Yves here. This is an important and accessible post on another bad Eurozone idea that might be implemented, that of a scheme for the orderly restructuring of sovereign debt. While idea of having some parameters and processes in place is a good one, the program under consideration is fatally flawed. Ambrose Evans-Pritchard wrote about this topic earlier based on the stinging dissent by one of the members of the German Council of Economic Advisors. From our post on his article:
Evans-Pritchard’s story appears to have been placed by Peter Bofinger, who is apparently a lone and loud dissenter on the five-member German Council of Economic Advisers to the sovereign bail-in plan.
From the :
A new German plan to impose “haircuts” on holders of eurozone sovereign debt risks igniting an unstoppable European bond crisis and could force Italy and Spain to restore their own currencies, a top adviser to the German government has warned….
The German Council has called for a “sovereign insolvency mechanism” even though this overturns the financial principles of the post-war order in Europe, deeming such a move necessary to restore the credibility of the “no-bailout” clause in the Maastricht Treaty….
Under the scheme, bondholders would suffer losses in any future sovereign debt crisis before there can be any rescue by the eurozone bail-out fund (ESM). “It is asking for trouble,” said Lorenzo Codogno, former chief economist for the Italian Treasury and now at LC Macro Advisors.
This sovereign “bail-in” matches the contentious “bail-in” rule for bank bondholders, which came into force in January and has contributed to the drastic sell-off in eurozone bank assets this year.
Prof Bofinger wrote a separate opinion warning that the plan could become self-fulfilling all too quickly, setting off a “bond run” as investors dump their holdings to avoid a haircut.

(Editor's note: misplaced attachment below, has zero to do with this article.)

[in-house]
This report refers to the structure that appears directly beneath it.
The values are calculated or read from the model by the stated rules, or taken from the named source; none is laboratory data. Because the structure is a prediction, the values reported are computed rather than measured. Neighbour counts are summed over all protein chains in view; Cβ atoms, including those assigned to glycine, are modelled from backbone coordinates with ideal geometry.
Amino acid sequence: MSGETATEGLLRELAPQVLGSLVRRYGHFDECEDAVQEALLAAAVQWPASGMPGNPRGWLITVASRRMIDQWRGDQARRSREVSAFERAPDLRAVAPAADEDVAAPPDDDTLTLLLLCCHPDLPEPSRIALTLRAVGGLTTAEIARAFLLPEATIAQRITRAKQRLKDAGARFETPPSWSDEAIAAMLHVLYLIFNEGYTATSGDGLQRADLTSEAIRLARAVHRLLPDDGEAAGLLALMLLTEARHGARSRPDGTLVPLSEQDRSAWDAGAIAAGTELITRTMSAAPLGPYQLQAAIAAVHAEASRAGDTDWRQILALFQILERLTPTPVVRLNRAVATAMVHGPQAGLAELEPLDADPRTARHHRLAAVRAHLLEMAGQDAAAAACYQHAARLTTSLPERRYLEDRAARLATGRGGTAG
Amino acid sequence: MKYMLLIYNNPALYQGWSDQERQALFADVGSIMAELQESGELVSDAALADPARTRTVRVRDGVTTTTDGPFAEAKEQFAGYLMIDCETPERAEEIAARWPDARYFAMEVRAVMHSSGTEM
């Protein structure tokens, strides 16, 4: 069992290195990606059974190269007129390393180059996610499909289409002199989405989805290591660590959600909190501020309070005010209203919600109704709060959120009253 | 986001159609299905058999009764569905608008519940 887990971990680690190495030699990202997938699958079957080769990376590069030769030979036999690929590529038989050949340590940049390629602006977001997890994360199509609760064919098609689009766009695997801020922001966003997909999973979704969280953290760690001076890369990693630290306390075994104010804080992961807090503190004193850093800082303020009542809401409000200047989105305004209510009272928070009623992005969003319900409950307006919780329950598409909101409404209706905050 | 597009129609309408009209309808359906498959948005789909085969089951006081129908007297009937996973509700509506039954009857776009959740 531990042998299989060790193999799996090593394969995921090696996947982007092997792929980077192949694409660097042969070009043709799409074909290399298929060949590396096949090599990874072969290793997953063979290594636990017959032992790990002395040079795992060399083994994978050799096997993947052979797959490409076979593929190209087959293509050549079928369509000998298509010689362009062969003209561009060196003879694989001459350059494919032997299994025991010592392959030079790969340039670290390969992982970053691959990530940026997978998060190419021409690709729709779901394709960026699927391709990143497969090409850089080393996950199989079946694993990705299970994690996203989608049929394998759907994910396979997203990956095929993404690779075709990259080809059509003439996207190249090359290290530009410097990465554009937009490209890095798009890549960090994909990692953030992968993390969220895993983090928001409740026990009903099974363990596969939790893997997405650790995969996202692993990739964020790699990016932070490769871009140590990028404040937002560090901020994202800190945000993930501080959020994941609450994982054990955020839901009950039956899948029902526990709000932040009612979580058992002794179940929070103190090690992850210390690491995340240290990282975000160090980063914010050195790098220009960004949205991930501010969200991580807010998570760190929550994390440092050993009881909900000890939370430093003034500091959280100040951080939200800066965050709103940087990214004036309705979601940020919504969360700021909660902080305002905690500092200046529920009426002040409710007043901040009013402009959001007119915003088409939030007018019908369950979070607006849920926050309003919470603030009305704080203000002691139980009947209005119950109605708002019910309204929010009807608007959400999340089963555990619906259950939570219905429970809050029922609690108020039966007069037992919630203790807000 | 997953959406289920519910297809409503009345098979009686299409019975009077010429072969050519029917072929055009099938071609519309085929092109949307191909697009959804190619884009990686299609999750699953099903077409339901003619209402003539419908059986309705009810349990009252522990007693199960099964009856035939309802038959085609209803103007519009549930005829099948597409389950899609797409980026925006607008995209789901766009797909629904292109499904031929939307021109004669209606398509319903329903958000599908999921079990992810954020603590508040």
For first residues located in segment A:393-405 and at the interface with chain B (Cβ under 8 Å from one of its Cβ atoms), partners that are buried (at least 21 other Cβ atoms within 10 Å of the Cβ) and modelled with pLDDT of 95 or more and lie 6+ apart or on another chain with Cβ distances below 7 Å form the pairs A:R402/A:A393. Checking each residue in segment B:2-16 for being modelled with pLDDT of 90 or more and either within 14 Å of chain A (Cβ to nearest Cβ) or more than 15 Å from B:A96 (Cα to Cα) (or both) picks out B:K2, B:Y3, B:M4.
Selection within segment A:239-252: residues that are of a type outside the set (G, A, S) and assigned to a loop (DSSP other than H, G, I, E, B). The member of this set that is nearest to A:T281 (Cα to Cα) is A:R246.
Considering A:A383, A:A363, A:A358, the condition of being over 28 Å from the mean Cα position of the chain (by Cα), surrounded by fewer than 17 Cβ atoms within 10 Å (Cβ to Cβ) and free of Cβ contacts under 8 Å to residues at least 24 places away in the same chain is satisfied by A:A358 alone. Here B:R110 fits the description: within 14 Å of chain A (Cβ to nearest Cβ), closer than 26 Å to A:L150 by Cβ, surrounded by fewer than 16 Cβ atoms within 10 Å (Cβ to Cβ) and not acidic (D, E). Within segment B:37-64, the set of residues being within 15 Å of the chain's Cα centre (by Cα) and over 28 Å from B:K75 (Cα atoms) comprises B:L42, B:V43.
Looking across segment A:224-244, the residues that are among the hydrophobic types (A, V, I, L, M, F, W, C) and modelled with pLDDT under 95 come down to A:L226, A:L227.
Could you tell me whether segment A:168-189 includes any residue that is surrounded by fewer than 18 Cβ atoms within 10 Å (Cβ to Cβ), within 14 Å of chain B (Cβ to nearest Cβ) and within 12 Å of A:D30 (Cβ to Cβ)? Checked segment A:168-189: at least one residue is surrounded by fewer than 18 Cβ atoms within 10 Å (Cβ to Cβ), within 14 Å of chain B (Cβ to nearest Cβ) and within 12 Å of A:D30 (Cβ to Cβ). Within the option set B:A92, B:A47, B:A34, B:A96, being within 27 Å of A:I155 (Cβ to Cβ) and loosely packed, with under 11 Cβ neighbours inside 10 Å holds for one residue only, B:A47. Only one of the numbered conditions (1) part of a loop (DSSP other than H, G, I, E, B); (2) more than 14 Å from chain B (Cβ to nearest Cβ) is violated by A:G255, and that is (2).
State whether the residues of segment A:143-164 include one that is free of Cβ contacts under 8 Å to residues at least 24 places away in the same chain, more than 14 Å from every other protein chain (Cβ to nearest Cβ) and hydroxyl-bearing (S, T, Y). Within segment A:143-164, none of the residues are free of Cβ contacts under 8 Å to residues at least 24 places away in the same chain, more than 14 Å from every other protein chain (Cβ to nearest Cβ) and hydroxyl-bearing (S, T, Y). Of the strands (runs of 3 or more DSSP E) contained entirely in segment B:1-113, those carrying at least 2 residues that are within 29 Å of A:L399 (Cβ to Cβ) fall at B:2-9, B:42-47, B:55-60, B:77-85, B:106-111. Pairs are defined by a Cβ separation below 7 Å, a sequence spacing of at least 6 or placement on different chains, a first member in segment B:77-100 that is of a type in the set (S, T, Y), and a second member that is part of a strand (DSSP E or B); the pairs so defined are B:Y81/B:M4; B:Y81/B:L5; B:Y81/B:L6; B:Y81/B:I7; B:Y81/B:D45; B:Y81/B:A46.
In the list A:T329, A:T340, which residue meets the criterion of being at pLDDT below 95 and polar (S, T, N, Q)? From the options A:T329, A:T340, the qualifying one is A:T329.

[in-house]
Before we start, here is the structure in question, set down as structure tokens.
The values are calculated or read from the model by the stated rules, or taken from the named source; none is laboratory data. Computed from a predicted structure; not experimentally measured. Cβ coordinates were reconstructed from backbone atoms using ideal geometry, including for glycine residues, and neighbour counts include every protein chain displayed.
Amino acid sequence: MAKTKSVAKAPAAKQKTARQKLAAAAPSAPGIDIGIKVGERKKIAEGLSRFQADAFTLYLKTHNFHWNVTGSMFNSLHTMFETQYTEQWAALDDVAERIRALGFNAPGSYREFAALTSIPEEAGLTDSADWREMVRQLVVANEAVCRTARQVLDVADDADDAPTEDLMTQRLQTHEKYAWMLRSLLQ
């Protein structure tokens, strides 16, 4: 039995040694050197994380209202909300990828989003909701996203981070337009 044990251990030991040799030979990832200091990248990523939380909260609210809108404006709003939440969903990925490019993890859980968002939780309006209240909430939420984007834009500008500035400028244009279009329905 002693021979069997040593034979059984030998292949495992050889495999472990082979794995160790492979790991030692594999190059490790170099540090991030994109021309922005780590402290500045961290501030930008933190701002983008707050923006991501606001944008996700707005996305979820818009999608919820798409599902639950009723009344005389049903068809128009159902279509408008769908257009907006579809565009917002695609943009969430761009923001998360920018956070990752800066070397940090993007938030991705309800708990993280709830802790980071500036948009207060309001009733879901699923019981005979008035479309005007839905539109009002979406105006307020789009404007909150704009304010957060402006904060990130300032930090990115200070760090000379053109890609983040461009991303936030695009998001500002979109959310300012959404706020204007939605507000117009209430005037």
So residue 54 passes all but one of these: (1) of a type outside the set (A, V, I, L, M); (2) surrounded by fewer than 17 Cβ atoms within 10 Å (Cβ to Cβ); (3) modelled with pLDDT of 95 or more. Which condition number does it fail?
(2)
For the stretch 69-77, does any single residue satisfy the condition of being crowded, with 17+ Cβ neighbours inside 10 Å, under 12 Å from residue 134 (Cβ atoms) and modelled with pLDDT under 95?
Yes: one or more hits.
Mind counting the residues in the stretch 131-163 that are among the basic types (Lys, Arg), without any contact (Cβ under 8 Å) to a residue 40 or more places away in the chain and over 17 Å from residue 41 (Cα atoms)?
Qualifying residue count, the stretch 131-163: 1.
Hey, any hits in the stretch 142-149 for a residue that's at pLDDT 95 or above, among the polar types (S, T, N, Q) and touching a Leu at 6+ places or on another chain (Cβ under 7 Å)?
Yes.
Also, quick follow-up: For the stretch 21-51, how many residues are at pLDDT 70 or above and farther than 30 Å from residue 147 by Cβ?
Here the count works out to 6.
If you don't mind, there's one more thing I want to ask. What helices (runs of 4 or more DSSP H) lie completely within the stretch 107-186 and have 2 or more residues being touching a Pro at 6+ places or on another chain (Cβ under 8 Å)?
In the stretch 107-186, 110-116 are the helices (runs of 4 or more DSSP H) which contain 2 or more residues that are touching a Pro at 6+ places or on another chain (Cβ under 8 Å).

Italy, Portugal and Spain would be powerless to defend themselves since they no longer have their own monetary instruments. “These countries risk being hit by a dangerous confidence crisis,” he said.
Yves here. Bofinger’s warning was based on the assumption that the next move would be for countries like Italy and Portugal to introduce their own currencies pronto. But as we discussed at length (see here, here, and here for some examples), it will take years to convert to a new currency, thanks to systems requirements, most of which are not under the control of the government wanting to make the conversion. In the case of Greece, as we saw in its two-week bank holiday, the lack of access to international payments systems hit key imports – tourism, food and pharmaceuticals – hard and would have soon started affecting fuel imports. Greece is not self-sufficient in food. Italy may be, but does it have the staying power to function as an autarky for 3+ years? (Yes, IT experts who know the relevant systems estimated three years was the minimum amount of time to execute a conversion smoothly. No planning, meaning trying to manage an emergency while you are also trying to deal with the systems issues, would almost certainly be worse).